Developing a Security Program


Network infrastructure Have you ever heard the statement, “Networks evolve”? Ask any System Administrator whether they think this statement has merit and most will agree. The company grows, and one server turns into two which turns into ten; or, one location turns into five, and before you know it, your network has evolved into its own entity.

As this entity grows, the administrator’s time is consumed, causing some priorities to take a back seat. One area I have seen take a hit is security. As threats change, having a solid security program is important to helping identify and react to these threats, and when your bandwidth is stretched, it is easy to let security slip to the back burner. However, security is much too important to any organization to not keep it a priority.

Business Needs and Risks

When developing a security program, there are some initial critical facts you must identify.
Company’s position on security – You need to find out the business’s stance on security. As a security professional, it is your responsibility to inform the decision-makers on the risks and the cost/benefits related to bolstering the company’s security vs. doing nothing. At the end of the day, security is ultimately a business decision. The acceptable level of risk tolerance must be defined by the company’s decision-makers.

Company’s ‘crown jewels’ – Identifying the company’s most valued assets and what it is willing to spend to protect those assets is critical. For example, a sales organization would place a high value on customer contacts whereas a medical device manufacturer may place inventions or R&D projects at the core of what must be protected. I’ve noticed the answer to this question may vary depending who you ask in the company. For example, a VP of Finance may place accounting data at the top of the list while the Director of Operations may identify people as the number one asset. It is your job to encourage those people to talk together and decide what is most important to the organization as a whole. Once you know what keeps your decision-makers up at night, you will have a starting point to know where to focus your efforts when planning and designing your security program.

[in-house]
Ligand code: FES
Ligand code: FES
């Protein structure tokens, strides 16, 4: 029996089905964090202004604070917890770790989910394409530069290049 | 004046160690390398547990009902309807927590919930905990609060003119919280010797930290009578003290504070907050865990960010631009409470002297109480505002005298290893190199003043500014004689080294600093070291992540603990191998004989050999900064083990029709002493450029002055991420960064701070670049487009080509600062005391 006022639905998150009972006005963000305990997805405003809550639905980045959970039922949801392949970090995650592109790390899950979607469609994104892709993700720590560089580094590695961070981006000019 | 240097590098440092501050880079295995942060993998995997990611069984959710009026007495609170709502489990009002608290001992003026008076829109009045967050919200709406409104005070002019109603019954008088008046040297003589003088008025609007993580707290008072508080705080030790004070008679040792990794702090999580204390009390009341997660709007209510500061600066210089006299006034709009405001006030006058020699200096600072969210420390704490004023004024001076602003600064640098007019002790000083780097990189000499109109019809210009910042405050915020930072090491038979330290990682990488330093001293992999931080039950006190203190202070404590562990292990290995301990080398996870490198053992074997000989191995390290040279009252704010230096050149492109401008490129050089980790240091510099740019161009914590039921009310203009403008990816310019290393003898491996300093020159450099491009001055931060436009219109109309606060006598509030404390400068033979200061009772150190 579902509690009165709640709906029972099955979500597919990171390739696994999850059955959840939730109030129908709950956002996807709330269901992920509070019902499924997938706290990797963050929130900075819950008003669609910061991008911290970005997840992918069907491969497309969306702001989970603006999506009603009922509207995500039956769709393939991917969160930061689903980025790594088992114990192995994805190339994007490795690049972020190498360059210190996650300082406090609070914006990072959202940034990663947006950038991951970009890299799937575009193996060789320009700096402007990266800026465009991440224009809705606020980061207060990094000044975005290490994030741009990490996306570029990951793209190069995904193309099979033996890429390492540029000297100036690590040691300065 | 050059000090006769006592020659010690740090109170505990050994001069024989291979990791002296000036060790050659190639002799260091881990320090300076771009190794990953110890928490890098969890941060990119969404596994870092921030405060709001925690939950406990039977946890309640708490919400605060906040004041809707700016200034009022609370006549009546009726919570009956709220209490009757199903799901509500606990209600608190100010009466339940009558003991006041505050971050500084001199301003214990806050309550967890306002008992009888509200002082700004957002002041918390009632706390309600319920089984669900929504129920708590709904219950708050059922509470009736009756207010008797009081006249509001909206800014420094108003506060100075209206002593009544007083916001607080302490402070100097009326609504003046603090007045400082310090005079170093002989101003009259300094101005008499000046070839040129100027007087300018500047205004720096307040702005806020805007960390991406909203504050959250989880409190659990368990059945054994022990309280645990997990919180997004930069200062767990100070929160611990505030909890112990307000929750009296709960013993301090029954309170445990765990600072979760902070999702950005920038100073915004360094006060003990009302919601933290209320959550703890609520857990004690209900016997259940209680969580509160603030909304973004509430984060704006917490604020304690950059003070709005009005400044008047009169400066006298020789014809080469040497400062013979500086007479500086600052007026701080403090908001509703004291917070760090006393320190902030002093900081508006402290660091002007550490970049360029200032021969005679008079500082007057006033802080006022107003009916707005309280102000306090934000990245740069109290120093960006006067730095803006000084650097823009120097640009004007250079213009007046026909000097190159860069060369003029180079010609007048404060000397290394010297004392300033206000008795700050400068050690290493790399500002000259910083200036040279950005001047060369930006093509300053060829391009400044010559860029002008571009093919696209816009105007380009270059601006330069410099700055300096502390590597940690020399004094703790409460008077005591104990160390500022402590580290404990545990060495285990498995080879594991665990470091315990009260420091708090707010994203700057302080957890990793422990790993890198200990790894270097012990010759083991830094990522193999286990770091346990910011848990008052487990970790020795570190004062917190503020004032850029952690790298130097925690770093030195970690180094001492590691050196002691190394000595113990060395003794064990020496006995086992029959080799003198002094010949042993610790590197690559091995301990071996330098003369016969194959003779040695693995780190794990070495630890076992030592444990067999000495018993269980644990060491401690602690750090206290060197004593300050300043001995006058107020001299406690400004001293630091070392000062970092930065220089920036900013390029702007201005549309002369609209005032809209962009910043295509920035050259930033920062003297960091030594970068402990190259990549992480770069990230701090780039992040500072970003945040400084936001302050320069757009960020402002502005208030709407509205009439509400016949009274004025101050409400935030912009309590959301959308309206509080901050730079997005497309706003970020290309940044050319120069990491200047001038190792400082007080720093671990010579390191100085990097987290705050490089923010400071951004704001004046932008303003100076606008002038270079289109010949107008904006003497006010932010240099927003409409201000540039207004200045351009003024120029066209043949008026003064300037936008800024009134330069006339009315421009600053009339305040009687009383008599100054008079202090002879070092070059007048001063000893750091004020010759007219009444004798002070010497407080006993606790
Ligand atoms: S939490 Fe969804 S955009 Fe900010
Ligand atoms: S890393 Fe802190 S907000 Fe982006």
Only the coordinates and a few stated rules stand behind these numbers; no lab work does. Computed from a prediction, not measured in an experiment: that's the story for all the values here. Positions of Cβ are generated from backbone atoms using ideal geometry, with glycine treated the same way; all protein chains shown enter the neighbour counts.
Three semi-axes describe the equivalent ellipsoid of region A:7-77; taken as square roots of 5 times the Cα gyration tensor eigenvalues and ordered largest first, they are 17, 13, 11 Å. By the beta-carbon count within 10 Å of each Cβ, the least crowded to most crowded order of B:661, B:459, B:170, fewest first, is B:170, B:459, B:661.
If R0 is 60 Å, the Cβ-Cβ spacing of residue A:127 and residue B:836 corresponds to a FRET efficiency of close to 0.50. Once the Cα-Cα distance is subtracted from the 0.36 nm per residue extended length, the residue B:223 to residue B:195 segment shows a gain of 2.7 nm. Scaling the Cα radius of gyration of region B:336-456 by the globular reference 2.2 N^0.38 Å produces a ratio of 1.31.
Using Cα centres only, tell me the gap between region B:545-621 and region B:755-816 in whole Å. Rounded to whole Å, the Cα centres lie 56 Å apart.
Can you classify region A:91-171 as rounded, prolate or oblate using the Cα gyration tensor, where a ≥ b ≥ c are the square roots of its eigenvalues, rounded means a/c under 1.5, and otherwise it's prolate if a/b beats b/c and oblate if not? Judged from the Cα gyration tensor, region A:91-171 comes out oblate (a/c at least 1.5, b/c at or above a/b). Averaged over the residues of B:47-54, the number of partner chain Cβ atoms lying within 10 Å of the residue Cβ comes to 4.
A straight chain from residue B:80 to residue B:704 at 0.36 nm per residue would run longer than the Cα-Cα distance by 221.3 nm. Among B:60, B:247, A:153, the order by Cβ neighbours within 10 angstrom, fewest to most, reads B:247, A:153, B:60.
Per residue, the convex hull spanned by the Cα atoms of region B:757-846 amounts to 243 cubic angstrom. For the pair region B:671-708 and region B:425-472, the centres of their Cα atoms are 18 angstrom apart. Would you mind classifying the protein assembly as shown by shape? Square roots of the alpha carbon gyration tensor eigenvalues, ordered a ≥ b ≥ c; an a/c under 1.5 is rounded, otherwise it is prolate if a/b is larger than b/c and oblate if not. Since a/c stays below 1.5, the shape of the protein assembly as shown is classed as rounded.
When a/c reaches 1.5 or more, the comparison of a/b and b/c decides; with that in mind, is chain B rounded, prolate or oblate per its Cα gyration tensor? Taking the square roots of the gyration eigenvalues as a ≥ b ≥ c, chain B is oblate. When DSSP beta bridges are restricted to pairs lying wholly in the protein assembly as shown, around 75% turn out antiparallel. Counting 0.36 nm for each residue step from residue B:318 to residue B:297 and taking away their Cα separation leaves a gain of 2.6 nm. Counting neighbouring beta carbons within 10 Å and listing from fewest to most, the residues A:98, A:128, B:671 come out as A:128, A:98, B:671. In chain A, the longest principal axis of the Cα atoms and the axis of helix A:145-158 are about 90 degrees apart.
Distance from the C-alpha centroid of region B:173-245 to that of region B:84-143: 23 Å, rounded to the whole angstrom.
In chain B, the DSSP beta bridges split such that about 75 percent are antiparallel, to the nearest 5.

Risk assessment – A good way to identify a company’s priorities is to do an assessment. This will help define the top high risk issues in your environment. Furthermore, it will allow you to take bite-sized chunks out of a potentially overwhelming situation. It’s a lot easier to remediate the top twenty issues and feel like you are making headway as opposed to trying to tackle all of your security woes at once. Finally, a risk assessment will give the stakeholders a view into the state of the security on the network.

The end result of this step should help identify the company’s security goals and define a project list for your security fixes. In other words, you should have a blueprint to assist you in designing a secure network and business sponsorship to address the top priority issues.

Compliance requirements – Compliance is yet another business driver when developing your security program and will shape many of your business and design decisions for you. Depending on what regulatory compliance your company falls under, your security design will vary. It is important to work with your compliance team to thoroughly understand your obligations before defining your security program. If you are regulated by some type of compliance, don’t stop securing once you have met compliance. In many cases, compliance is a baseline or a minimum of what the company requires. Meeting the requirements doesn’t automatically make you secure. Use common sense, consider the data you are protecting and consult your decision-makers to reach the best decision for the organization.